Like for you, no doubt, account-based marketing (ABM) is becoming an ever-greater focus for the team here at Quarry. We’re working with long-term clients to scale successful ABM pilots, and new clients are increasingly coming to us with an ABM-first mindset.
In the spirit of nurturing the fast-growing ABM community—and to ensure we’re always at the forefront of the strategies, tactics and tools driving this movement ahead—we were proud to recently sponsor, and attend, the inaugural Toronto ABM Summit.
Here are three of my main takeaways.
1. If engagement is the currency of ABM, authenticity is the price of admission.
Authenticity came up again and again, and rightly so. Without an open, honest, human core running through every aspect of your ABM initiatives, you’ll only be adding more noise to an already noisy world.
No matter how deep we go into targeting the right accounts, and no matter how sophisticated our tools and tactics, it’s still people we need to engage. It’s people we need to inspire. It’s people we need to build and nurture real relationships with.
Sometimes we all need a reminder to step back and ask ourselves, “Would I want to be on the receiving end of this?”
The future of ABM is authenticity-based marketing
Tyler Lessard from Vidyard shared great examples of very human, very personalized videos, produced at scale but designed to build a one-to-one emotional connection.
Randy Frisch from Uberflip reminded us that people increasingly expect personalized experiences. B2C brands understand this and deliver information in ways that put the customer in control. B2B brands have to adapt to this rising bar, but many of our campaigns and cadences and content experiences fail to deliver.
Sangram Vajre from Terminus declared, “The future of ABM is authenticity-based marketing,” and shared stories of his company pulling their customers in very closely to listen, learn and grow together.
Authenticity is hard to define, and it means different things to different people. But I think people know a lack of authenticity when they see it. It just feels empty. Impersonal. Insincere.
2. ABM is a team sport.
The M in ABM is a bit of a misnomer, and everyone seems to know it.
Engagio speaks of Account-Based Everything. Oracle speaks of Account-Based Strategy. I think the ABM label is fine so long as we never delude ourselves into thinking that a marketing team can put their heads down for a quarter or two and bestow a shiny jewel upon the organization.
Marketing will be the spark that gets things started. They’ll also play a vital role in orchestrating, executing, measuring and optimizing at every stage. But don’t ever let ABM become “a thing that marketing is doing” or you’re headed for trouble.
Steve Woods from Nudge.ai and Mark Wright from Firmex went deep into gaining and maintaining executive alignment. If ABM isn’t understood and supported in the executive offices, you’re going to struggle with expectations and investment levels and headcount and metrics and all sorts of other things.
Sales and marketing leaders at SAP and at CrowdRiff explained how a global giant and a fast-growing startup each ensure extremely tight collaboration across their teams. Shared metrics and constant communication are the order of the day.
When Sales and Marketing (and perhaps Customer Success and other groups too) come together to plan, build, and execute ABM as one unified team, the likelihood of success grows substantially.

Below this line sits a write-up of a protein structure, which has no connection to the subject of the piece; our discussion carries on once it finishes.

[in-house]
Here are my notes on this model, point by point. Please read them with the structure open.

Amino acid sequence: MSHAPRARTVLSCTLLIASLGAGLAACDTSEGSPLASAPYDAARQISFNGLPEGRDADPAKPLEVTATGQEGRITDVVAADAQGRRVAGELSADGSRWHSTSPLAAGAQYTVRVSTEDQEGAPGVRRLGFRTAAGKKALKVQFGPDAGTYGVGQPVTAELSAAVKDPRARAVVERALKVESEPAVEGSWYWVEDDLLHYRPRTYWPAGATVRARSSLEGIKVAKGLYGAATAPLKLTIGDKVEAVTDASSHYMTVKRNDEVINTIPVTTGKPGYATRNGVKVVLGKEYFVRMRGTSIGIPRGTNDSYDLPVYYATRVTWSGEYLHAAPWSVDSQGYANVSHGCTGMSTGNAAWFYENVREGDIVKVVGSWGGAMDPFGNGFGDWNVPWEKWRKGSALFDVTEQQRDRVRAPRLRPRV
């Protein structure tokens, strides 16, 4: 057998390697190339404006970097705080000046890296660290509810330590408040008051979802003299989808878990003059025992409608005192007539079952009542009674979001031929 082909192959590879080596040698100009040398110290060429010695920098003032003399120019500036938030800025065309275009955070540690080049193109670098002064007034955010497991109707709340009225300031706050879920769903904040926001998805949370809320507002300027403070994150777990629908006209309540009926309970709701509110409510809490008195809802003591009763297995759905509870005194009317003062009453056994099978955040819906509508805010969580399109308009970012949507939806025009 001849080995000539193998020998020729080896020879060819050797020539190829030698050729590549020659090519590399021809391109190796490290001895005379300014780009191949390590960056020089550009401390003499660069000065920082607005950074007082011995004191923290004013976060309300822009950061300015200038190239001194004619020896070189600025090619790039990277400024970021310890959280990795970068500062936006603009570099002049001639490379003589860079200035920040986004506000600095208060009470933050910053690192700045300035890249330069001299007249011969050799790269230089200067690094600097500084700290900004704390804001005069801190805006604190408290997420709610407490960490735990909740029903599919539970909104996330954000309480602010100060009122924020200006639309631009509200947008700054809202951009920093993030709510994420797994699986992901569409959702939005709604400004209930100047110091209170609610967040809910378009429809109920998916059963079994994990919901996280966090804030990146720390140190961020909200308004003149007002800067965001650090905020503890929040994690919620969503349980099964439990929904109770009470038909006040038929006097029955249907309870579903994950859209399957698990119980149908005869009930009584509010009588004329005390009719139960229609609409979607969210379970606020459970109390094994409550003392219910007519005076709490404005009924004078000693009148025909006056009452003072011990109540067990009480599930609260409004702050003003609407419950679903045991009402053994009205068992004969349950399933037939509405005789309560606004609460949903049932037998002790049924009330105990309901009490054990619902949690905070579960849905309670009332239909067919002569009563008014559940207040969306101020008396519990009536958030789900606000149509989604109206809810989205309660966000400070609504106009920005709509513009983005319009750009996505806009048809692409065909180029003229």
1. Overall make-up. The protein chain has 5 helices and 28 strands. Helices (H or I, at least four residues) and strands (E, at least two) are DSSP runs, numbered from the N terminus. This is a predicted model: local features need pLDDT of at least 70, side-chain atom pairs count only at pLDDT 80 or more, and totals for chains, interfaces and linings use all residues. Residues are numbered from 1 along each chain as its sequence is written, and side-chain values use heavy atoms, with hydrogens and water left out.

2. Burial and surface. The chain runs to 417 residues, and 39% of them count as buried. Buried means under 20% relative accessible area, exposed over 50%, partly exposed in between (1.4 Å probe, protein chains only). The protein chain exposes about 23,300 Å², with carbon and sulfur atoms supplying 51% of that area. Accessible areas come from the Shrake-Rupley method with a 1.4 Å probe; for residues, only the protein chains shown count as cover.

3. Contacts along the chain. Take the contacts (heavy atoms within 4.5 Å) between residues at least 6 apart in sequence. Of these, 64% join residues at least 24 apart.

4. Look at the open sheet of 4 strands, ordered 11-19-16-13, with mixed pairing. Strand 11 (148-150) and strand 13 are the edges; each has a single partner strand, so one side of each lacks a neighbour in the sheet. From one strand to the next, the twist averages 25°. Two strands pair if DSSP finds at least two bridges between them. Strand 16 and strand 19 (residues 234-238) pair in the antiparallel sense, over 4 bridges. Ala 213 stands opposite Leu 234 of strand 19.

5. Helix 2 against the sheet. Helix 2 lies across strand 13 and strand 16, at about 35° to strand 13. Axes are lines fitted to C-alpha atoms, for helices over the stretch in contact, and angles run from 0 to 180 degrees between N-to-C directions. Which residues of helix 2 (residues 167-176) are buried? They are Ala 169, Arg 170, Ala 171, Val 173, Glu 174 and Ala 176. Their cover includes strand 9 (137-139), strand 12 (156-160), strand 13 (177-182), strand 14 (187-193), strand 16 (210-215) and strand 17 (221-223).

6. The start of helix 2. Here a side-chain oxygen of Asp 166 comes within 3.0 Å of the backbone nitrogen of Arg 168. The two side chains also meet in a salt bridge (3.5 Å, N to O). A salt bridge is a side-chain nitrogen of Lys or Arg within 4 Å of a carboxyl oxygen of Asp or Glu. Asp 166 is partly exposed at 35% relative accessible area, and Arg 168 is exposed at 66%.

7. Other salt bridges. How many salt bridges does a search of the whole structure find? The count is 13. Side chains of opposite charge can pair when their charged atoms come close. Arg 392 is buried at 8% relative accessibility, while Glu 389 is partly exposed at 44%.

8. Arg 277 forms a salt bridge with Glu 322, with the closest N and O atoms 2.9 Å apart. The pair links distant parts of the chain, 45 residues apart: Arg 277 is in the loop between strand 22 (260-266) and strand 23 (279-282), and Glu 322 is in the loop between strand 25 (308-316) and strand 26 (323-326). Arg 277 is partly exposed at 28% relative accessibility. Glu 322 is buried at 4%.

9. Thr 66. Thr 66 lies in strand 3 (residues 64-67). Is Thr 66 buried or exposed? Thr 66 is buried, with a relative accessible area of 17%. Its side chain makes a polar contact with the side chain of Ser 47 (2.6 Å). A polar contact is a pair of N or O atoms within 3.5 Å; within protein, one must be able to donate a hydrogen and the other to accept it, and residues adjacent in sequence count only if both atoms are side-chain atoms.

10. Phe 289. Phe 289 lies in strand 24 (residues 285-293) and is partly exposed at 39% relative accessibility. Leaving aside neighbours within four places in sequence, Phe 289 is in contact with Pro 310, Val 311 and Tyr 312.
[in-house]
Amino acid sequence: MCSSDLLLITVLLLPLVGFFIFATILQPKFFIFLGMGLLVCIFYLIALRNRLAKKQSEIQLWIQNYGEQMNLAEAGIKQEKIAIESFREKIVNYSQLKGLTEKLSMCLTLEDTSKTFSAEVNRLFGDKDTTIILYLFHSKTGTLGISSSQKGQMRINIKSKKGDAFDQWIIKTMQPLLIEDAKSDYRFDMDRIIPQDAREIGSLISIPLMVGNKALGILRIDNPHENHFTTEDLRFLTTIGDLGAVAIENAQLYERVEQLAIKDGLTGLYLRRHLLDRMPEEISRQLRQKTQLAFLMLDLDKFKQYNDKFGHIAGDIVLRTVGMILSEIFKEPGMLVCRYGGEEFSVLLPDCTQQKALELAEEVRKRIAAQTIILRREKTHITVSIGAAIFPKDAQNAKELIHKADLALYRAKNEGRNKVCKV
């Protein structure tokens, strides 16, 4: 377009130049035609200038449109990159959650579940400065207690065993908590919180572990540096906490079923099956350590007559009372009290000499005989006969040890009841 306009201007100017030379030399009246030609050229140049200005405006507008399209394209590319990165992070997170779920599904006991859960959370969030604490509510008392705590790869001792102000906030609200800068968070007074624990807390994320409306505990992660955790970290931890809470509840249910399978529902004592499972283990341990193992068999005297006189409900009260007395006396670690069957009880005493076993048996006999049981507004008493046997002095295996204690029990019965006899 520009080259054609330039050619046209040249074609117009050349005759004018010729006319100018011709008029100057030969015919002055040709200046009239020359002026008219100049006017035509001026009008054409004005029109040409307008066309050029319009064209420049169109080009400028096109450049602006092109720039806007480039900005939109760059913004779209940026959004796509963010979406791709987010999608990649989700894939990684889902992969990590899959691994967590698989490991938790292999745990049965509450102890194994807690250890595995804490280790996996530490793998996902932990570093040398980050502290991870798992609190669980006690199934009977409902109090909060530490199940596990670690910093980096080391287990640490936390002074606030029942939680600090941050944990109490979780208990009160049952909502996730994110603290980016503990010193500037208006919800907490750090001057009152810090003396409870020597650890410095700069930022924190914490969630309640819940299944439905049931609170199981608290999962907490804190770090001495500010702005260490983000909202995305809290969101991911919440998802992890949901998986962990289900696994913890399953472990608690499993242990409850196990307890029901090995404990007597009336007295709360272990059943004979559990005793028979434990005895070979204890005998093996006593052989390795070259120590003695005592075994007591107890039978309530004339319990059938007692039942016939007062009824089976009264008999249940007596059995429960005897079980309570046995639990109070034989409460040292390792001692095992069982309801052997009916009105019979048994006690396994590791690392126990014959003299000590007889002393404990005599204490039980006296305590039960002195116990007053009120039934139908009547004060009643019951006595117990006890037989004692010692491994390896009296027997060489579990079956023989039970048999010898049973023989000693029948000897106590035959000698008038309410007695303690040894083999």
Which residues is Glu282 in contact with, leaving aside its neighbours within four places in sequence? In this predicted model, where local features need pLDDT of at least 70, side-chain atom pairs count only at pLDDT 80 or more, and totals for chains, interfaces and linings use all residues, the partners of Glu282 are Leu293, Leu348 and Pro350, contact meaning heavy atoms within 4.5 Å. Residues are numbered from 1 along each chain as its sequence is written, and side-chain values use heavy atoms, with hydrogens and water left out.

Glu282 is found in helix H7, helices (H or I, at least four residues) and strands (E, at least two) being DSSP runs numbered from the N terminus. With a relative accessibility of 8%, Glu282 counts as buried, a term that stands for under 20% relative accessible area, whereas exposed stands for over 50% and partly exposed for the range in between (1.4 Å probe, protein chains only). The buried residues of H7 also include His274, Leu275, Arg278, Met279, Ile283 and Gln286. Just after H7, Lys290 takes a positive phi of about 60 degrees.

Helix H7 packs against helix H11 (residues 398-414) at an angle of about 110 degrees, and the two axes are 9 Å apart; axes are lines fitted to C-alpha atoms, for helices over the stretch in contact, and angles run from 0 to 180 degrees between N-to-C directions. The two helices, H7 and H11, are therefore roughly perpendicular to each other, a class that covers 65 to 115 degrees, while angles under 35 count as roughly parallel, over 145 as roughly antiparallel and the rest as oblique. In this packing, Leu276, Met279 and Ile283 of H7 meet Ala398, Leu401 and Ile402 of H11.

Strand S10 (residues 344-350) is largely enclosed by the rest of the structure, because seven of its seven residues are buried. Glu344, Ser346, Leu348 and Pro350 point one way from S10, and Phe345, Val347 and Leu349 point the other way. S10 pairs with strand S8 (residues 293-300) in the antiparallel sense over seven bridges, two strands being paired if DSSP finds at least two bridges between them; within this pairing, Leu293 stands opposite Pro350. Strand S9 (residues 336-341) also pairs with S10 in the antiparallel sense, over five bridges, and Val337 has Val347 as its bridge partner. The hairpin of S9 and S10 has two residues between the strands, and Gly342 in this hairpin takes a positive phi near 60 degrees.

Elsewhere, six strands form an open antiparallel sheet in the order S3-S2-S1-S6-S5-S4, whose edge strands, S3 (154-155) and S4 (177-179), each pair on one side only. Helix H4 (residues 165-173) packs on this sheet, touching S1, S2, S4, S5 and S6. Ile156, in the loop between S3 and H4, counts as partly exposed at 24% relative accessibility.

The old days of Marketing creating leads and “throwing them over the fence” to Sales are over. ABM demands a highly collaborative approach throughout the entire customer journey.
Christopher Engman from Climeon shared one of his secrets to getting the sales team engaged: Feature them in your ads.
Less public, but no less effective, is ensuring that a substantial amount of your communication to key accounts comes from the sales rep rather than from a faceless marketing entity. Double points for this as it firms up sales team engagement and also harnesses authentic human-to-human communication to drive better results.
3. Don’t overpromise. Don’t scale too fast. Build ABM right and build it to last.
If you want to fail at ABM, promise the world, and go big immediately.
ABM is complex. You can’t buy it. You have to build it.
You have to grow it. You have to nurture it. You have to test and measure and optimize again and again as it matures and becomes increasingly impactful in your business.
And you have to manage expectations accordingly. If ABM is positioned as a magic fix-all or an easy growth potion, it’s going to be a rocky road.
ABM is complex. You can’t buy it. You have to build it.
Quarry’s own Meredith Fuller delivered a great session (see slides here) on some of the work we’ve done with one of our clients, Windstream Enterprise. Meredith took the audience through a deep dive into the seven steps we undertook together to plan and execute a hugely successful ABM initiative. But one of the things that seemed to stand out for the audience was the way we piloted, optimized and scaled.
The pilot program was only in the Chicago area. This tight focus created the conditions to test a wide range of channels and tactics, optimize on many fronts and prove results before scaling. Once finely tuned in Chicago, we scaled to 16 other markets and delivered breakthrough results.
It can be very tempting to put on the hero’s cape and attempt to move mountains right from the outset.
Resist this urge, pilot first and scale a lasting, winning program.
Exciting times in ABM
These are exciting times as ABM strategies, tactics and tools mature and become core competencies in B2B organizations of all sizes.
We’re thrilled with the results we’ve achieved when we partner closely with clients who share our commitment to doing great things together.
As we deepen our commitment to authenticity, cross-functional collaboration and intelligent piloting, the impact is only going to grow.